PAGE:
What’s the Best Way to Learn Cloud Computing?
But what if you’re relatively new to the cloud, or have only limited experience with cloud deployment in your industry? What’s the best way to learn cloud computing?
The Cloud: Why it MattersCloud computing is rapidly taking over enterprise IT departments. While legacy systems remain essential for mission-critical data or to handle specific functions that are best suited to local data stacks, the cloud offers four key advantages over on-site solutions.
- Speed — By leveraging vast, interconnected data centers and advanced network technologies, cloud deployments can deliver search, analysis, and storage functions at speed. In the age of big data, existing servers can’t keep up — cloud migration is now the rule, not the exception.
- Scale — On-site storage and processing rooms have finite space, forcing companies to make tough decisions about hardware spend and upgrades. In the cloud, meanwhile, space scales as needed and resources can be accessed on-demand.
- Security — While there’s something to be said for on-premises control of critical data, cloud providers are often on the leading edge of security solutions, since the effective protection of company assets is key to long-term provider success.
- Spend — Cloud computing can help enterprises better manage their spending by converting unstable capital expense costs into measurable and manageable operational expenses.
How do You Learn Cloud Computing?The basics of cloud computing are straightforward: Off-site server networks are used to handle data storage, processing, and security. But successfully deploying and managing cloud technologies is considerably more complicated. IT pros must connect existing services to new cloud applications, manage multiple clouds simultaneously, and handle hardware end-of-life to ensure critical data is transferred and resources are scaled up as required.To learn more about cloud computing, technology staff have several options. First, you could opt for self-directed online learning. A quick search returns dozens of guides on cloud basics and more in-depth topics. The caveat? You need the discipline and commitment to study and apply these guides at work and need to find resources that align with your current cloud deployment. Big players like Google, Amazon, and Microsoft all approach the cloud differently and require different skill sets to manage effectively.Other options include online, instructor-led courses from reputable training providers such as Cybrary. Our free Cloud Architecture Foundations course helps you learn the basics of cloud computing for Amazon Web Services (AWS), Microsoft Azure, and Google Cloud. Armed with this general cloud knowledge, you’re better equipped to handle in-house cloud deployments or weigh the costs and benefits of migrating to a specific cloud provider.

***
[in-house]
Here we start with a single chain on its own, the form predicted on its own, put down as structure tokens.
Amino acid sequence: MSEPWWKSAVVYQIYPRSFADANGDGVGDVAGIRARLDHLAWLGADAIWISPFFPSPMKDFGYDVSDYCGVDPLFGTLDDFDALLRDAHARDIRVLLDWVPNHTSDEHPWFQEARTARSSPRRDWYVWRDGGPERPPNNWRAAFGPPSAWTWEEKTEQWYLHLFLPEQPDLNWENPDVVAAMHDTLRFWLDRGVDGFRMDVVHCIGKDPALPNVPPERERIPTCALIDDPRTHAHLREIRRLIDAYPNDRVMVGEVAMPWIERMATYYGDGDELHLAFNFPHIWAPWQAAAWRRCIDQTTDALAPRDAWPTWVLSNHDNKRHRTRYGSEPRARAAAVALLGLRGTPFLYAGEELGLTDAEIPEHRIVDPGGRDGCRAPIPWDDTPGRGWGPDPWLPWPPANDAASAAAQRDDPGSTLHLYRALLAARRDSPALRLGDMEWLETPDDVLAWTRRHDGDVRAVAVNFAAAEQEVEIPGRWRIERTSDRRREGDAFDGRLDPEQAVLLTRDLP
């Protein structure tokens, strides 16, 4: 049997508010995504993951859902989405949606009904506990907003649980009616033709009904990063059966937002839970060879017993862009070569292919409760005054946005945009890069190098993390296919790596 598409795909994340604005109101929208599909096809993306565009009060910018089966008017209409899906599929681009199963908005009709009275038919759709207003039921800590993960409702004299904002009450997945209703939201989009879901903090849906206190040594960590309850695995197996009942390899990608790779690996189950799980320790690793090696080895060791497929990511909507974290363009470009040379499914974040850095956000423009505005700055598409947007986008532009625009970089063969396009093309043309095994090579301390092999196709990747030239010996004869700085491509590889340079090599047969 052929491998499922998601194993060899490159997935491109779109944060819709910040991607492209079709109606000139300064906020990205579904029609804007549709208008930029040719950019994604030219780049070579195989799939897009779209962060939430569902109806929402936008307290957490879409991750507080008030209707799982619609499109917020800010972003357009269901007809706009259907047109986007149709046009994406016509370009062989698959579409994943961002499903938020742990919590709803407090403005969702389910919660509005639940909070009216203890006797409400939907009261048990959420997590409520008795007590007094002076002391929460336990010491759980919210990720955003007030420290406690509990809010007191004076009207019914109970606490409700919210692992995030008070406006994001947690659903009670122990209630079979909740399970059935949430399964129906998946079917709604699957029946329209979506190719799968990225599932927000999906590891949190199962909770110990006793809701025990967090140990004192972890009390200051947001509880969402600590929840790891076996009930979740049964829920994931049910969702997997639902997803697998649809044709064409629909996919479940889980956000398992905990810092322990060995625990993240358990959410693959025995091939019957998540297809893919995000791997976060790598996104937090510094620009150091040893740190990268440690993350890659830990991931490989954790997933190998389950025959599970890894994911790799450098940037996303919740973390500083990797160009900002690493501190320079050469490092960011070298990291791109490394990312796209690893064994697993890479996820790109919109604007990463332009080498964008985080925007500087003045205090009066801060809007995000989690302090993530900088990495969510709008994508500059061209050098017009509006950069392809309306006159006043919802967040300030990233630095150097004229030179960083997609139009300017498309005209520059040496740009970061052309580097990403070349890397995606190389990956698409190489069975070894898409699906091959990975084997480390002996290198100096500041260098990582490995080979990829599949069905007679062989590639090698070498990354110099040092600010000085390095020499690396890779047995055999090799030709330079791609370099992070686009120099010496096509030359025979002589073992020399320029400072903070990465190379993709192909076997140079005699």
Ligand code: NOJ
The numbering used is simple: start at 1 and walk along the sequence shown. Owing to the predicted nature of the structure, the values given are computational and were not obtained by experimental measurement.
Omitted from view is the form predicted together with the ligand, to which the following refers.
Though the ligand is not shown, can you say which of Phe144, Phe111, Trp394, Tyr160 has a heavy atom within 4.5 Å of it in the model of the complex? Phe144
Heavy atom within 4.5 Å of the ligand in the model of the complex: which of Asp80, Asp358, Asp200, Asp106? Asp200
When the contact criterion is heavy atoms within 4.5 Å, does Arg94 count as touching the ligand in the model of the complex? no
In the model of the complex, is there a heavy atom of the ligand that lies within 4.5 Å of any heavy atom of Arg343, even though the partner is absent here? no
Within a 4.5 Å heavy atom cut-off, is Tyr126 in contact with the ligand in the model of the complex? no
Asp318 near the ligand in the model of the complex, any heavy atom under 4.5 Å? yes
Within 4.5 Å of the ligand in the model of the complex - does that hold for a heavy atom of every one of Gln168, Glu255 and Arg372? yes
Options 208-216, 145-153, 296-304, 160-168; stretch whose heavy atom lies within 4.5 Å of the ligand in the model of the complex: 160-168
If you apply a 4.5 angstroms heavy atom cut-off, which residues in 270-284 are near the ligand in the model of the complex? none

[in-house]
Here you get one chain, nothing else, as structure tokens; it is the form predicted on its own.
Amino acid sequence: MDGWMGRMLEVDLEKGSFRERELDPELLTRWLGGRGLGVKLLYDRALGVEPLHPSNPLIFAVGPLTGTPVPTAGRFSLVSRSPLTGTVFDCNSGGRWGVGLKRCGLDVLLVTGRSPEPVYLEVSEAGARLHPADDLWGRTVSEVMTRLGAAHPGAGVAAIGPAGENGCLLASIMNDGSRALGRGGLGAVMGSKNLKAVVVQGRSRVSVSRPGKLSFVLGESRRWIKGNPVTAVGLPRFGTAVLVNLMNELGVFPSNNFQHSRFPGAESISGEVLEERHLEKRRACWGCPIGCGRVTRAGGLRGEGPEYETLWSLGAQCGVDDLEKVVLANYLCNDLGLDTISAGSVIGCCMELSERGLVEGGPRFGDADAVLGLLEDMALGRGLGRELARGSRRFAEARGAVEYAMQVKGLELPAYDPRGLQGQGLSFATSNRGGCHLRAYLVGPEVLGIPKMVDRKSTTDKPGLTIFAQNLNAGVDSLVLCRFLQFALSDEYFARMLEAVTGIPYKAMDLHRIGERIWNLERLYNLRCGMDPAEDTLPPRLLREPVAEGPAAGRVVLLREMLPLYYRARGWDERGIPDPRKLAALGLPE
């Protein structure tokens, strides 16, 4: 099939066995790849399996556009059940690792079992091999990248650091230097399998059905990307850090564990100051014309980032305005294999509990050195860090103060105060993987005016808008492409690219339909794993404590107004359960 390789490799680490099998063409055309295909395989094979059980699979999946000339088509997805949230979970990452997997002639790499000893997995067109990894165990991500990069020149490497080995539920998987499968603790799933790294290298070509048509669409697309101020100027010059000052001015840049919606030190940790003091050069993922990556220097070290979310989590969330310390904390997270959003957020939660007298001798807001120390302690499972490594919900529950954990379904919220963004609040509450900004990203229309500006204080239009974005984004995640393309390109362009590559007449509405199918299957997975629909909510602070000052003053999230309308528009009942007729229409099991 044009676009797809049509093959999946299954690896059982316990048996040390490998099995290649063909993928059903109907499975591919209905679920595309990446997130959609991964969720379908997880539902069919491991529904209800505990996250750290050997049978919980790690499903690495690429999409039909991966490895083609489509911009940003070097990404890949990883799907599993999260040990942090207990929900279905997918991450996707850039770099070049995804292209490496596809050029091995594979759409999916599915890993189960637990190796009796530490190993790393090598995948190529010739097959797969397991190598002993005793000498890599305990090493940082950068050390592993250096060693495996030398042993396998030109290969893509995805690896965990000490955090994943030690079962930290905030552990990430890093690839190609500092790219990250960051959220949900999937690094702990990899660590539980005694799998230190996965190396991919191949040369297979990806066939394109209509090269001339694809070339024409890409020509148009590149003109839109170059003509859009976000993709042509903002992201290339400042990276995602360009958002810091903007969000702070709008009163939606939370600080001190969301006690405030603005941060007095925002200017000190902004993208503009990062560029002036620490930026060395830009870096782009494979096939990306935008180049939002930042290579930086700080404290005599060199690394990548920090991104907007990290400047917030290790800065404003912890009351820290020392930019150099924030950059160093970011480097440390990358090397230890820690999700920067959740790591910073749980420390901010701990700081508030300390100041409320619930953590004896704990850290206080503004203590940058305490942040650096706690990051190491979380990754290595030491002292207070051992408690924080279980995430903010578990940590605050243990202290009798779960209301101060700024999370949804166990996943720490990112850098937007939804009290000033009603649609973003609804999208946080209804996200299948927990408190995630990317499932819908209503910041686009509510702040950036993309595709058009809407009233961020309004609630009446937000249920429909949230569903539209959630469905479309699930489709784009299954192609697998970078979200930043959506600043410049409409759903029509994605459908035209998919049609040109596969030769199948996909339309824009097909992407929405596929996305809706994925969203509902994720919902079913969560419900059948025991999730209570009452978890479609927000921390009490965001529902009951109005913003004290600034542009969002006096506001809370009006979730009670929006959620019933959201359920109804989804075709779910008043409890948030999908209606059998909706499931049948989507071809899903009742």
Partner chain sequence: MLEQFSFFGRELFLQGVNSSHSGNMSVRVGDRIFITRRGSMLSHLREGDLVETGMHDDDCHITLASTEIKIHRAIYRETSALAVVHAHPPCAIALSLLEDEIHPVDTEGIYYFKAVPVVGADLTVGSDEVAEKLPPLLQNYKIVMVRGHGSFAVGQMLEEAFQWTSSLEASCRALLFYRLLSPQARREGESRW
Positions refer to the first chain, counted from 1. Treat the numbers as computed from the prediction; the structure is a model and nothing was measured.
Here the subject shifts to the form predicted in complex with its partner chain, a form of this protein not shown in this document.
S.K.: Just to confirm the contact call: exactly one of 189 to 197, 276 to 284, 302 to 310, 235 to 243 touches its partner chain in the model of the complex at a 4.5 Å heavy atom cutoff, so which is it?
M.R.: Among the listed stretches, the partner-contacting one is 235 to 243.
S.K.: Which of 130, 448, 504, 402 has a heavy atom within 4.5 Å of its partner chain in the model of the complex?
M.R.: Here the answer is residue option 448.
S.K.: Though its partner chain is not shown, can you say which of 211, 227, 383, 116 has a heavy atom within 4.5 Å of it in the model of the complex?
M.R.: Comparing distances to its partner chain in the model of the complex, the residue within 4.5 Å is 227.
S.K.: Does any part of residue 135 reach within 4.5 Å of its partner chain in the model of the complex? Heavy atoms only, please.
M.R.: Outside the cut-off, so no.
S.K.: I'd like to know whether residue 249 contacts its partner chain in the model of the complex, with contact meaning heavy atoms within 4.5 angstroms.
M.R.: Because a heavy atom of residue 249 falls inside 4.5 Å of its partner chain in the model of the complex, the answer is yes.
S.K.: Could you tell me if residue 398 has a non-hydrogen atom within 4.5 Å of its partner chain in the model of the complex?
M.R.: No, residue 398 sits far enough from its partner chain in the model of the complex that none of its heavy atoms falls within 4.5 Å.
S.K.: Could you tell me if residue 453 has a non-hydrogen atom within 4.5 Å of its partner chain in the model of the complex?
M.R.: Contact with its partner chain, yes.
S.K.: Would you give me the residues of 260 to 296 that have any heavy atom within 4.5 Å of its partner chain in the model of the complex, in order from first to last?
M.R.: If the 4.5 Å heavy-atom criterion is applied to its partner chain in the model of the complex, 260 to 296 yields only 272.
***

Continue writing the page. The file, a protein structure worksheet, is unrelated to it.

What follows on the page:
Certification OptionsOnce you have a solid foundation in cloud concepts and operations, it’s worth considering specific certifications to help improve your career outlook. Some of the top cloud certifications currently available include:
- CompTIA Cloud+This entry-level course is ideal for IT pros just getting started in the cloud. It provides the essential tools and training you need to manage and deploy cloud services and is frequently requested by employers to demonstrate your familiarity with cloud computing concepts.
- Microsoft Azure FundamentalsIf you’re looking for a platform-specific certification, consider the Microsoft Azure Fundamentals course to help prepare you for the AZ-900 exam. Earning this entry-level qualification is ideal for improving current Azure deployments or facilitating the move to another company with a Microsoft-focused cloud environment.
- CCSPThis advanced cloud course focuses on security. It is designed for IT professionals with five years of experience in the field and at least three years in a security-specific role. Earning this certification demonstrates that you’re capable of designing, deploying, and managing security at scale for corporate networks.
Career Options in the CloudEquipped with cloud computing knowledge, IT pros often find jobs that include excellent security, broad autonomy, and substantial salaries. General cloud practitioners often earn $65,000 or more per year, while intermediate cloud pros break the $100,000 mark, and experts command salaries over $150,000.Career options for staff with their first certification include cloud administrators, who are responsible for maintaining and monitoring corporate cloud environments or transitions. With more significant experience and more qualifications, career paths such as cloud consultants emerge — here, you’re responsible for designing and deploying cloud architecture at scale. Highly trained, fully-certificated cloud professionals, meanwhile, are now in-demand for C-suite roles such as CISO, CIO, and CDO.
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